Euronymous' statements, crude and childish as they may be, reminded me strongly of Denis Hollier's 1993 book "Absent Without Leave. French Literature under the Threat of War". In this highly interesting work, Hollier analyzes Georges Bataille's paradoxical political position in the nineteenthirties. Hollier's analysis is based on the contrast between Bataille's position and that of Sartre.
Sartre's 1947 book "Qu'est ce que la littérature" ("What is literature?") centers on the crucial Existentialist idea of commitment. Hollier summarizes Sartre's argument: "To want literature to exist is first of all to want a world in which literature is possible, a world which acknowledges its right to exist. The writer must work towards the existence of a world that can give him the means to write and to be read. Committed literature is thus simply literature taking the responsibility for its own conditions of possibility. But this analysis implies that literature insists on being possible."
Bataille's position couldn't be more different: he insists on literature being impossible. For Bataille, literature could only have meaning if it was transgressive, that is if it crossed moral boundaries while affirming them. Literature would only be meaningful if it were forbidden.
In Communist societies, bourgeois tastes - aesthetic art - would be impossible to defend as long the class struggle is not overcome. For this reason, literature is transgressive in Communist societies, and it has a meaning there it does not have in liberal democracies. In the chapter on Kafka in his 1957 book 'Literature and Evil', Bataille wrote: "If the adult gives a major sense of childishness, if he writes with the feeling that he is touching a sovereign value, he has no place in Communist society." Hollier: "According to Bataille, this exclusion is the perverse and paradoxical reason why Communist society corresponds better than any other to the secret wishes of a writer like Kafka - who always harbored a desire for a society that denied him the right to exist".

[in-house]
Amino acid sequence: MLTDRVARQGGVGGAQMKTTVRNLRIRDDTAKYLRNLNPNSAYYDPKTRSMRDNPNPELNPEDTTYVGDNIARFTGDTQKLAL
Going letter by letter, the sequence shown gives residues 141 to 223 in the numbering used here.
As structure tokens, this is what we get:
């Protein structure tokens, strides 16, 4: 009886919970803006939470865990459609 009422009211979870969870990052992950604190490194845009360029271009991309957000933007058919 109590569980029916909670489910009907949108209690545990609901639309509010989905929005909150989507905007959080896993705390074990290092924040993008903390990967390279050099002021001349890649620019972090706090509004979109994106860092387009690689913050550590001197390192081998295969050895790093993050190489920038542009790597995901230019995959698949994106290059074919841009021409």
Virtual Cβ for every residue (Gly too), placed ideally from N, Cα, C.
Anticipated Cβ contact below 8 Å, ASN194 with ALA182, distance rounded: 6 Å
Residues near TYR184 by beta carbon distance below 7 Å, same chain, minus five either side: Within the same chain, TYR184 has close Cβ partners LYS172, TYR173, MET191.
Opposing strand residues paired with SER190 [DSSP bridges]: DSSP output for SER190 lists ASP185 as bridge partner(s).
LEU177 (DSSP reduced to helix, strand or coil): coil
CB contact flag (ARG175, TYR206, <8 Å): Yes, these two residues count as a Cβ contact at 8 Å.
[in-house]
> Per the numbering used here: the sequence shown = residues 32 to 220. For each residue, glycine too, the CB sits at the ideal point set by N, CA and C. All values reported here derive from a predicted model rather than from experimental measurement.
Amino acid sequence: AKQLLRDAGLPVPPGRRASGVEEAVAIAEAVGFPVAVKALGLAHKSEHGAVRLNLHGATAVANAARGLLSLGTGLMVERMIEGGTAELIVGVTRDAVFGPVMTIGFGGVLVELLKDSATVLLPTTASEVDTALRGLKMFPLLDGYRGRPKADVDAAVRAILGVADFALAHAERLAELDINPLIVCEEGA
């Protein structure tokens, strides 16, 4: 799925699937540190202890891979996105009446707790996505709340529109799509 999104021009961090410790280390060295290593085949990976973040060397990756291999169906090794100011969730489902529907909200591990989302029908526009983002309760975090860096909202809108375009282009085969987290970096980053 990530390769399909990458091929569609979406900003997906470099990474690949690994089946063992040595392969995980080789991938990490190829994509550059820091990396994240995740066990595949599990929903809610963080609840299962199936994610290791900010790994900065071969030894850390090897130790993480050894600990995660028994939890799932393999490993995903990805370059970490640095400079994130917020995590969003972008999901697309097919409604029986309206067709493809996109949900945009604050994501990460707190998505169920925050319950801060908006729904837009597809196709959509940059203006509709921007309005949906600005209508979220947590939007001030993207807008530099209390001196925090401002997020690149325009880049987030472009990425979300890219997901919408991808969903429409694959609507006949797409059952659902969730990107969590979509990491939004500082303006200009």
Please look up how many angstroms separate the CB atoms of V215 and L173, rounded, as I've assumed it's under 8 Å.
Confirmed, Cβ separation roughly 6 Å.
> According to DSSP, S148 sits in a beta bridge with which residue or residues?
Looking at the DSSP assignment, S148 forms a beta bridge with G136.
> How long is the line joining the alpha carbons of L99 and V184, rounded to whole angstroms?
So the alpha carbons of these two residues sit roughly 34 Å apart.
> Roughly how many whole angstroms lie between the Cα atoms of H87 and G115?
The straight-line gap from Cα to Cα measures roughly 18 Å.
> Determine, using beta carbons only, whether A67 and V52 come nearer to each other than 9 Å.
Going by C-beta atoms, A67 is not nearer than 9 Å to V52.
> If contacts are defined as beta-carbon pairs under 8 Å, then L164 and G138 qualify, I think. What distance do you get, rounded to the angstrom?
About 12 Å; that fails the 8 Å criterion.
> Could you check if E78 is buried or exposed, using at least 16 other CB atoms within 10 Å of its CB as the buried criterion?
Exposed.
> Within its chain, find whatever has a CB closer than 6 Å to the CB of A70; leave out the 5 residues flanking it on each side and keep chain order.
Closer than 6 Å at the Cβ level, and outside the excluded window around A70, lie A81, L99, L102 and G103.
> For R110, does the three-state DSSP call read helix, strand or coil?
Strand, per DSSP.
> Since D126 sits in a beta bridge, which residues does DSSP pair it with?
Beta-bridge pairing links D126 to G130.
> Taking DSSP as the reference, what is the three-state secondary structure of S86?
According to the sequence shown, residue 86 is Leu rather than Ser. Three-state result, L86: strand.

In the repressive Stalinist and Maoist societies that Euronymous lauded in the above interviews, not only were there prescriptions for artistic work; the regime also attempted to regulate the lifestyle of artists. "Socialist realism" was the only acceptable aesthetic, an aesthetic which was characterized by a militant communist partisanship, an idealistic world view, and optimism. Art was denied the right to exist, supplanted by party propaganda. Writers, artists and performers who did not conform to the prescriptions of party propaganda, suffered censorship, prosecution and - certainly in Cambodia - death.
The very societies Euronymous said to admire, would have denied Black Metal and Black Metal musicians the right to exist. In two earlier posts (here and here), I've written that Black Metal may well be the most playful genre of Metal, and that its playfulness attests to its childlike vitality. Realism, idealism and optimism are as far removed from the Black Metal aesthetic as can be. There is little doubt that if Euronymous had made in a Communist society the music he made with Mayhem, he would have ended his life in a psychiatric ward, prison, Gulag, torture center, death camp.